Reading to go
We have now hit the reality portion of our decision to move. Yesterday I resigned from all four of my jobs (School of Rock, Studio 2, private students, and the community college where I was supposed to teach in August) and hired a real estate agent. Mr. Spy made more progress on wallpaper removal project number one. We are still having the city vs. suburbs debate. We feel like we’ve found the right neighborhood in the city for us, but it will be a lot more work for a whole lot of reasons, not the least of which is that we will have to figure out how to get rid of about half of our belongings. The nice thing about the suburban option is that it will be, in some ways, similar to the space we’re in now. And it’s the house I lived in when I was just a little younger than AJ, which is, I have to say, appealing. We have friends/informants in both places, which will allow us to get settled fairly quickly once we actually move. And then, of course, there is Mr. Unfocused’s suggestion that we check out Hoboken on account of the chicken emergency. I hadn’t thought of that, but I will admit to being attracted to the romance of Bayonne, New Jersey because of the polar bears.
Mostly, though, I’ve been thinking about some of my favorite childhood books about New York to share with AJ. I spent a large portion of my childhood in the greater New York area and have lived in all three states in the tri-state area. (“How come everywhere has a tri-state area?” asked AJ recently. “Because most people can only count to three,” I replied.) New York was a real place that I visited, but it loomed much larger in my mind as someone who lived outside of it than, I think, it might have if I’d actually lived there. I was constantly aware of my satellite position to the city of mythic proportions.
One of my most important definers of New York was not a book but a TV show – Sesame Street. All those kids sitting playing ball on brownstone stoops, sometimes invisible mammoths and enormous yellow birds appearing out of nowhere, the corner store, music breaking out spontaneously – who wouldn’t want to be there? The books about New York that I liked also implied that the city was a place anything could happen, a place where kids could sometimes run the show.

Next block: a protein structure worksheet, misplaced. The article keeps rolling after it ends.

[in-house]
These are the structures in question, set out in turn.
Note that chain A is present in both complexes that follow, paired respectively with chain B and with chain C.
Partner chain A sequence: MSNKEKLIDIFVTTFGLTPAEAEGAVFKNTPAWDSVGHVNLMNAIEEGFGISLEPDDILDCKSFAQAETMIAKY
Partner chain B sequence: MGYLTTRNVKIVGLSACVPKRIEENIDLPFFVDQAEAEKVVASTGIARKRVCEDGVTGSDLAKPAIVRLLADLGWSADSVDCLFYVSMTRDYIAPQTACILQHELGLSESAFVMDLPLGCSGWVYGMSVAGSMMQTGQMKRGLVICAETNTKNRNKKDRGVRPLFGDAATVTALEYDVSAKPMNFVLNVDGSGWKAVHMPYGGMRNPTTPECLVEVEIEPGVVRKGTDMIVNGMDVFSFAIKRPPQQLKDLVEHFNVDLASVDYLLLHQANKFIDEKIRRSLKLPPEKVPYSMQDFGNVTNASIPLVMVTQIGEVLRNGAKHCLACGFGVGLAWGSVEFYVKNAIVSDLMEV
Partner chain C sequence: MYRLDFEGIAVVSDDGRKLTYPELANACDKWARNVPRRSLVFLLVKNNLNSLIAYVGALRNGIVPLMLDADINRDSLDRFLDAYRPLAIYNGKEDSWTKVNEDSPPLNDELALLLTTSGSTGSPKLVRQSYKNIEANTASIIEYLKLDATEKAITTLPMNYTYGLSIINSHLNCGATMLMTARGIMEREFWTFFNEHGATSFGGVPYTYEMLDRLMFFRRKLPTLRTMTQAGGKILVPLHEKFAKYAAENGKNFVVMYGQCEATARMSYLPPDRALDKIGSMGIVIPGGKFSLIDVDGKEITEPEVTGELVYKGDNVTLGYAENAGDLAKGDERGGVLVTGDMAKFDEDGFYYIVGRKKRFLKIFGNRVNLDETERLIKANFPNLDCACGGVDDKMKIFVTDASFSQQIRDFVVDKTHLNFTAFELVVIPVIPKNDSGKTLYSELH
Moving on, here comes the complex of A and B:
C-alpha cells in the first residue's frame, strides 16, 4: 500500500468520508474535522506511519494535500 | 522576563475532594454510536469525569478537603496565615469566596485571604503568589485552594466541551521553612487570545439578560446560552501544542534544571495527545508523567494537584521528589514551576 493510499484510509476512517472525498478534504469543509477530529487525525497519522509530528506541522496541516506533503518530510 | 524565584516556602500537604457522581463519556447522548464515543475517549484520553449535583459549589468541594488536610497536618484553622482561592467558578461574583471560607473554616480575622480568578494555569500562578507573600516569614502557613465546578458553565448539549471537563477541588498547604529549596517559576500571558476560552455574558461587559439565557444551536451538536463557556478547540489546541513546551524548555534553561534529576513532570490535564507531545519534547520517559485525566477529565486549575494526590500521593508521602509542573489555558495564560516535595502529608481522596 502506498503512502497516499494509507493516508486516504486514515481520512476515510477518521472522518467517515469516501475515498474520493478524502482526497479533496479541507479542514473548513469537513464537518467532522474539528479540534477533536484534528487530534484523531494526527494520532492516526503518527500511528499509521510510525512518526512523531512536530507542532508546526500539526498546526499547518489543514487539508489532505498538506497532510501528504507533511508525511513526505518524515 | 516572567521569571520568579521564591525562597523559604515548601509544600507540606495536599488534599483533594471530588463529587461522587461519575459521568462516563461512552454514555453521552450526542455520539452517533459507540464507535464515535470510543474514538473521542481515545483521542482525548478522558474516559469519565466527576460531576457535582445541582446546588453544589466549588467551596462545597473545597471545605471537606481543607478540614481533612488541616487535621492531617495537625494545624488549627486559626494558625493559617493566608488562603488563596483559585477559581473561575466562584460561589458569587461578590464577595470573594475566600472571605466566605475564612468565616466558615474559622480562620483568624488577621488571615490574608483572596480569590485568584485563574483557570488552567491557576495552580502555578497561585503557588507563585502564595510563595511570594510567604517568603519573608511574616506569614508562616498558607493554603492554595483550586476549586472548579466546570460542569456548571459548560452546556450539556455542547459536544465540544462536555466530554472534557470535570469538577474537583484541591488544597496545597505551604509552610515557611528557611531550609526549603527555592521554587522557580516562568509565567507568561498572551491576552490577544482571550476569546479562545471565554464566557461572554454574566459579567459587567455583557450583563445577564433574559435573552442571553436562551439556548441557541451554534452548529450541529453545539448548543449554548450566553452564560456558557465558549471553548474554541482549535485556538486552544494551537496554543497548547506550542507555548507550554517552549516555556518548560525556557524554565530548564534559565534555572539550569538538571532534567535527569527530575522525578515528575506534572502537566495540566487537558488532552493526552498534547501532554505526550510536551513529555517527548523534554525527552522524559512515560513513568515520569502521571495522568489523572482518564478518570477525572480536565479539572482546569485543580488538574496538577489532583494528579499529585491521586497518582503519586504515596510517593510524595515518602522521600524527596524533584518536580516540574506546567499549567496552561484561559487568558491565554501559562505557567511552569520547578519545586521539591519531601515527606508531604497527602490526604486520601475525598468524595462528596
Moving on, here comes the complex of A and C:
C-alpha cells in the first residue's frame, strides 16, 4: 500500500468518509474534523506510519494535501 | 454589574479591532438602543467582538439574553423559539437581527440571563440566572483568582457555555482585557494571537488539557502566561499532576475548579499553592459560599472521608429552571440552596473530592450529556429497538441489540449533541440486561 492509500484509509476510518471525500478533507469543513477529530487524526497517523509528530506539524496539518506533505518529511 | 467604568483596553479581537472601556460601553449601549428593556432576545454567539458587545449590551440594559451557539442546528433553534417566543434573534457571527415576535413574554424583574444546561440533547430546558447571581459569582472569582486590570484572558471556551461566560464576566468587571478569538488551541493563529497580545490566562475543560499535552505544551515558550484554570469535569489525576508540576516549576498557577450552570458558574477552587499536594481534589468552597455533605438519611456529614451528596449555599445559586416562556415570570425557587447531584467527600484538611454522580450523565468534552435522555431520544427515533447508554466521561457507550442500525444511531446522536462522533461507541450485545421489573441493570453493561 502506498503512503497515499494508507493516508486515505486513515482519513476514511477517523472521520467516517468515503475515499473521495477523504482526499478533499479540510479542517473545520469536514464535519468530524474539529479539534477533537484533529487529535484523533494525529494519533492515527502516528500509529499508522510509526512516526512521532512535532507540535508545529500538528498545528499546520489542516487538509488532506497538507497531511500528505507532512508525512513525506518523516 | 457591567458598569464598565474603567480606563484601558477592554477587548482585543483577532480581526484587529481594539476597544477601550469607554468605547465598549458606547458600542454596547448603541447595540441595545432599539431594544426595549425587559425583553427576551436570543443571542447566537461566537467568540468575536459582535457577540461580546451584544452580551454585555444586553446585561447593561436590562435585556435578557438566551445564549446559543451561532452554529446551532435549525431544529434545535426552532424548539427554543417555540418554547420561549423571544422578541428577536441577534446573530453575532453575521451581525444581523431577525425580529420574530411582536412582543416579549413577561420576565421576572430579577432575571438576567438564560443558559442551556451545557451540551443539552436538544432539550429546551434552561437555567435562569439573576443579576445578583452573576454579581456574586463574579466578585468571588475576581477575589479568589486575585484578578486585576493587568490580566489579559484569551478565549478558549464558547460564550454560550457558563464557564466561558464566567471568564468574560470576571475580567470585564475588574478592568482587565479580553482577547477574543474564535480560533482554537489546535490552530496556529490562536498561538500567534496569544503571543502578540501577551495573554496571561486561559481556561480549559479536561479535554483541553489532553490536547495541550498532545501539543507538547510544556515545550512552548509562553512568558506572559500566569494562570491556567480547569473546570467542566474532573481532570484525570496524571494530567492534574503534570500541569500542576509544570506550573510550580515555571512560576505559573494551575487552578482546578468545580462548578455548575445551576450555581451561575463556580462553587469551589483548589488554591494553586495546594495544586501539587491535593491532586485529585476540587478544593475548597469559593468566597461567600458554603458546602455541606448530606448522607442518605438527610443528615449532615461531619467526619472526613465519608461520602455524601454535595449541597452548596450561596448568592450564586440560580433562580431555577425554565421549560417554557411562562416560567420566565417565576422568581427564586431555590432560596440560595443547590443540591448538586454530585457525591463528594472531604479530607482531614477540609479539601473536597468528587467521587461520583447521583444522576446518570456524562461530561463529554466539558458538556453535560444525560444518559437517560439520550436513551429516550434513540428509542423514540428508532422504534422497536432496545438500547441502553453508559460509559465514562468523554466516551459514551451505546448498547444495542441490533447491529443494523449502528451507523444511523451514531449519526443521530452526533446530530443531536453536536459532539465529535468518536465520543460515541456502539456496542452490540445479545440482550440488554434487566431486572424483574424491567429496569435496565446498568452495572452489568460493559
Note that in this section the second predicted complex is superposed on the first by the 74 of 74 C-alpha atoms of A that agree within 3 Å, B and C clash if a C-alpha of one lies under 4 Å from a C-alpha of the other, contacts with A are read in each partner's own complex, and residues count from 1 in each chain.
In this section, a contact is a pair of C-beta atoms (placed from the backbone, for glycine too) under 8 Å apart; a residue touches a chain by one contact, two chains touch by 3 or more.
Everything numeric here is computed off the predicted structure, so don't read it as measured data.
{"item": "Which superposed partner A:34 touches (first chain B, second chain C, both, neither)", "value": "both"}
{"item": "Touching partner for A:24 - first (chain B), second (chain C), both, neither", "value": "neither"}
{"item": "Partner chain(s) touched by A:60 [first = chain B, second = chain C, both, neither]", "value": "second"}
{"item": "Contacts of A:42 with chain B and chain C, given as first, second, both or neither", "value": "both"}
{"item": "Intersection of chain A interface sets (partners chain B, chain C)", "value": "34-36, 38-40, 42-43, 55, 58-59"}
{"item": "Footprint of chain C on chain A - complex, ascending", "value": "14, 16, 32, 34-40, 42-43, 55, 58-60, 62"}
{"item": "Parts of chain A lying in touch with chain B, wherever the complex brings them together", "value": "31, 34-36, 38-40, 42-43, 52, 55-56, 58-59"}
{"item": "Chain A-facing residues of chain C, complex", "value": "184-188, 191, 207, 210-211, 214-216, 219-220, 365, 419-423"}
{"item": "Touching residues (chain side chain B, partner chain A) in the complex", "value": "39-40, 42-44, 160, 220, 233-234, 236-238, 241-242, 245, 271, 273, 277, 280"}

The very first book on my list would have to be – no, not the one you’re thinking; that’s next – E. L. Konigsberg’s From the Mixed Up Files of Mrs. Basil E. Frankweiler. about two kids who run away and move into the Metropolitan Museum of Art. AJ and I last read this several years ago and it’s definitely time for a repeat. The only thing he seems to remember is how the kids financed their occupation by fishing coins out of the museum fountains.
Number two is, of course Louise Fitzhugh’s Harriet the Spy. It’s the reason “Carl Schurz Park” in on my list of things to visit in New York.
Another book I read over and over again is, alas, out of print now, although I still have my childhood copy. Before Jean Stafford won the Pulitzer Prize for literature for a collection of short stories for grownups, she wrote Elephi, the Cat With the High I.Q., about a lonely Greenwich Village cat who finds a friend in an unlikely place. [I think Red would love this, freshhell, if you can find a copy. If you can’t, I think it’s short enough that I could make a copy for you.]
Another series of books about cats in Greenwich Village were not just favorites of mine, but also of AJ’s Esther Averill’s books about Jenny and the Cat Club have been rereleased in beautiful editions from the New York Review of Books and they all get four thumbs up from a more youthful AJ and I.
E. B. White’s Stuart Little was also a favorite. The view of the city from the point of view of someone who is very small hit home. And I liked that it mentioned places that I knew.
Likewise George Selden’s The Cricket in Times Square, about a musical cricket from Connecticut who accidentally hops a train to the city and finds many adventures.
I’m sure there are others, but these are the standouts for me, the ones whose names I could recall immediately, because years later, they still stick with me.
What about you? Do you have any favorite New York books (adult or child)? What should we be reading?